Komi­tas • Ter­t­e­rian

BBC Music Magazine - - Orchestral Reviews -

Komi­tas: Shoger Jan (Dear Shoger); Ter­t­e­rian: Sym­phonies Nos 3 & 4; Trad: Noo­bar-noo­bar

Ti­gran Alek­sanyan (duduk),

Vahe Ho­vane­sian (duduk, zurna); Bournemout­h Sym­phony Orches­tra/ Kir­ill Kara­bits

Chan­dos CHSA 5241 (hy­brid CD/SACD) 58:56 mins

These two sym­phonies, writ­ten in the mid 1970s by the mod­ernist Ar­me­nian com­poser Avet Rubent Ter­t­e­rian (1929-94), are ex­tra­or­di­nary, of­ten un­com­fort­able creations. The mu­sic, se­verely dis­lo­cated, mostly pro­ceeds in iso­lated strands and ex­treme dy­nam­ics: tim­pani tat­toos, a tolling bell, slith­er­ing brass, tutti shrieks, the faintest harp­si­chord. Lament, de­spair, mock­ery: those are the dom­i­nant emo­tions stirred.

Mu­si­cal in­flu­ences aren’t hard to spot: the an­guished com­po­si­tions of his friend Giya Kancheli; Poland’s ‘sonorists’ of the 1950s and ’60s; the plain­tive con­tours of Ar­me­nian folk mu­sic, in­stru­men­tally spot-lit dur­ing Sym­phony No. 3 by the zurna and duduk wind in­stru­ments (the last also fea­tured in two sep­a­rate im­pro­vi­sa­tions). But the chief shap­ing forces in these des­o­late mo­saics are clearly per­sonal, from the wound­ing death of Ter­t­e­rian’s younger brother Her­man, a con­duc­tor, to the na­tional tragedy of the Ar­me­nian geno­cide fol­low­ing the First World War.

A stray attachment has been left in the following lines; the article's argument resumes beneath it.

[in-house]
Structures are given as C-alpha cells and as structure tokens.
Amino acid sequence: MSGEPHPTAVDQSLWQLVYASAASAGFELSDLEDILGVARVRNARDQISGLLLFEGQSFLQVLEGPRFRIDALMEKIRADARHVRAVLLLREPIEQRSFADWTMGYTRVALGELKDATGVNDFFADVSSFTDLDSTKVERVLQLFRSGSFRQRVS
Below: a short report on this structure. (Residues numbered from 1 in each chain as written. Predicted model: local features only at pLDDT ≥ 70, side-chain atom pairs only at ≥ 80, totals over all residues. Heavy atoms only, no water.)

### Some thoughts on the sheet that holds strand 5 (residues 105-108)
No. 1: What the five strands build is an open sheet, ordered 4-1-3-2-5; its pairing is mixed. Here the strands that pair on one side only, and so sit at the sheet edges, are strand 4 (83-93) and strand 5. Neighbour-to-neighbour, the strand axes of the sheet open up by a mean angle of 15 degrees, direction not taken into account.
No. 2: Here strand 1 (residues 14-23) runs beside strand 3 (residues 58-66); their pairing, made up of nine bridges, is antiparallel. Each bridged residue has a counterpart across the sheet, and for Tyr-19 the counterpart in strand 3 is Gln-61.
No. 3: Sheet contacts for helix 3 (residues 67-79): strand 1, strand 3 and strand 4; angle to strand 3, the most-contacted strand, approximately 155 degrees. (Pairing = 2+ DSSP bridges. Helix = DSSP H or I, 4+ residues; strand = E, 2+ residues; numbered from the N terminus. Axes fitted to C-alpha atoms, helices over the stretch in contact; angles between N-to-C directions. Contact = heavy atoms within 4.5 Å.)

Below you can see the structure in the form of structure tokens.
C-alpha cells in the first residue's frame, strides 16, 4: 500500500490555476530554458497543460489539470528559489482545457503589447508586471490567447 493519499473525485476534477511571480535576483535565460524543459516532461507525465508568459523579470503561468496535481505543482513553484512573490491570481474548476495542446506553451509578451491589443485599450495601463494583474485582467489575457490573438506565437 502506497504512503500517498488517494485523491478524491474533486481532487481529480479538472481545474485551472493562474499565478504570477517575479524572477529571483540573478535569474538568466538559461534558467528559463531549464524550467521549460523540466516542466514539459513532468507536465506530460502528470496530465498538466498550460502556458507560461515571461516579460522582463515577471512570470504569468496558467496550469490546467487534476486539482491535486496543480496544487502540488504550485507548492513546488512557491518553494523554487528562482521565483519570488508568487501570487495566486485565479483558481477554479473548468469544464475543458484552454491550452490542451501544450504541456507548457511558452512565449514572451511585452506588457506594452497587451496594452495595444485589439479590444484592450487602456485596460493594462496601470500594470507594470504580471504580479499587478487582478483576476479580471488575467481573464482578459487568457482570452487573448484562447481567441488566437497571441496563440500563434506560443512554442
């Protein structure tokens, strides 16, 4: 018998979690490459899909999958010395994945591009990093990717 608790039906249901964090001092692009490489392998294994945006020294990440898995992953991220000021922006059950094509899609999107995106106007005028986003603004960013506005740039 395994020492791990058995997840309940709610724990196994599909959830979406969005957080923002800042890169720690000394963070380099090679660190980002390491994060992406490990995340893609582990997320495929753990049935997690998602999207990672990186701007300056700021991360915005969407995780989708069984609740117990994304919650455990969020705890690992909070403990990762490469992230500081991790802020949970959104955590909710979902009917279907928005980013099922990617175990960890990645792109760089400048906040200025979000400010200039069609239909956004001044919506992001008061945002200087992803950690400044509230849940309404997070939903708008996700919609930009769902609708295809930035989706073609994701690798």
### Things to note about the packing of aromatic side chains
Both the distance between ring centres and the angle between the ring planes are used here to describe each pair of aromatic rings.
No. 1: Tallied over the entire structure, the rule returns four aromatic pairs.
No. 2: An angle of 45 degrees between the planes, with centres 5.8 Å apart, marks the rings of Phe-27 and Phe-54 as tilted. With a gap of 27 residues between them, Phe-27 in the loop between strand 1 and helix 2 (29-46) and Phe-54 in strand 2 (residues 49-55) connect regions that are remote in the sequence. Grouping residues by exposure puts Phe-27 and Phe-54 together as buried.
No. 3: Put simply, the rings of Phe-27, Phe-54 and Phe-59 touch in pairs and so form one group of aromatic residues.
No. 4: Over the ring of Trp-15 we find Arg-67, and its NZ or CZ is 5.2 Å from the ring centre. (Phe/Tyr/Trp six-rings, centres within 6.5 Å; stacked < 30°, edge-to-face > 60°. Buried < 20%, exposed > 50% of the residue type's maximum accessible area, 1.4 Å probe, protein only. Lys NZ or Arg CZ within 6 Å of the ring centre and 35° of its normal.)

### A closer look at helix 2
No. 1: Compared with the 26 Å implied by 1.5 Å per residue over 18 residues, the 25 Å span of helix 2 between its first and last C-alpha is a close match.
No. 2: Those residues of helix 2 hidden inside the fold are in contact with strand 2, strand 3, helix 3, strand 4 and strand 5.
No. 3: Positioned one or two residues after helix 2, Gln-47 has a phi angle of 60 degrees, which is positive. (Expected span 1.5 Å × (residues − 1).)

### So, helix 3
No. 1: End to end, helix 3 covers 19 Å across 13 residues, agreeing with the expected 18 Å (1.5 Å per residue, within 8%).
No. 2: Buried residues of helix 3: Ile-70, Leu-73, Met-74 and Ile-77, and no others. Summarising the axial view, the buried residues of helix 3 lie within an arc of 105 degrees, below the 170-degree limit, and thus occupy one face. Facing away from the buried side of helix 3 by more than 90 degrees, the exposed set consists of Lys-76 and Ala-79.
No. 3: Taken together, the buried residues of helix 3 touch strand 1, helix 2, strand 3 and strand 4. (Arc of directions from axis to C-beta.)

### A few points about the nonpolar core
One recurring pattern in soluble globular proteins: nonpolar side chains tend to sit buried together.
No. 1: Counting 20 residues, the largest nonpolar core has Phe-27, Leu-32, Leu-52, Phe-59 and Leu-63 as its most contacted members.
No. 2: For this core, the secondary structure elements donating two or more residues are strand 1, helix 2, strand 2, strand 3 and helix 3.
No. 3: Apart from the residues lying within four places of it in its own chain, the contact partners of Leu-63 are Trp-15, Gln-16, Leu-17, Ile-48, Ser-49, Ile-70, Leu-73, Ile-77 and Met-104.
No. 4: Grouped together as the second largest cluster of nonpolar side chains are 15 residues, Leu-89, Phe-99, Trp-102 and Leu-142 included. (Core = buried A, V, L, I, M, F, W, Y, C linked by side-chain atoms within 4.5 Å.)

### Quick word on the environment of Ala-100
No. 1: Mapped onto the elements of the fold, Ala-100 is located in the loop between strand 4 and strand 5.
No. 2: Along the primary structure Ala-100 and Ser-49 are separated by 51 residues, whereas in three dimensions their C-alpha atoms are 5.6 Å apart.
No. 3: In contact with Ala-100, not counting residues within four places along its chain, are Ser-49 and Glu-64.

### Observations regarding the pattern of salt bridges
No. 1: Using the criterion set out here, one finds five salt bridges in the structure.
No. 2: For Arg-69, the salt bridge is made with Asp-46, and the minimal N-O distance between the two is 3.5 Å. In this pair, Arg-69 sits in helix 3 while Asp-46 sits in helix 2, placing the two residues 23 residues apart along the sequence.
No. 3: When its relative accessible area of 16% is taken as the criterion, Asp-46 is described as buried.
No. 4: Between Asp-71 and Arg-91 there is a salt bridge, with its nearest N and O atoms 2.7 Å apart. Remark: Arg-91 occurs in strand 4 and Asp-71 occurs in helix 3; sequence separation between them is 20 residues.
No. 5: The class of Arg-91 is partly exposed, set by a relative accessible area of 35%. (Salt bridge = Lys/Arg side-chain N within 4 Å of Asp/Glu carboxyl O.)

Pair­ing two sym­phonies pre­vi­ously is­sued on disc by ASV in 1997, Kir­ill Kara­bits and his Bournemout­h orches­tra plunge into Ter­t­e­rian’s strange world with to­tal com­mit­ment and vivid in­stru­men­tal colours, sup­ported by the usual en­velop­ing Chan­dos sound. It all helps give thrust and mourn­ful pur­pose to the Third, ded­i­cated to Her­man, but to my ears leaves the more ex­treme Fourth, heard in its orig­i­nal, un­barred ver­sion, too thinly stretched to be plau­si­ble. That shouldn’t stop mu­si­cal voy­agers ex­plor­ing this re­mark­able com­poser; many more sym­phonies are avail­able on­line. Ge­off Brown PER­FOR­MANCE ★★★★ RECORD­ING ★★★★

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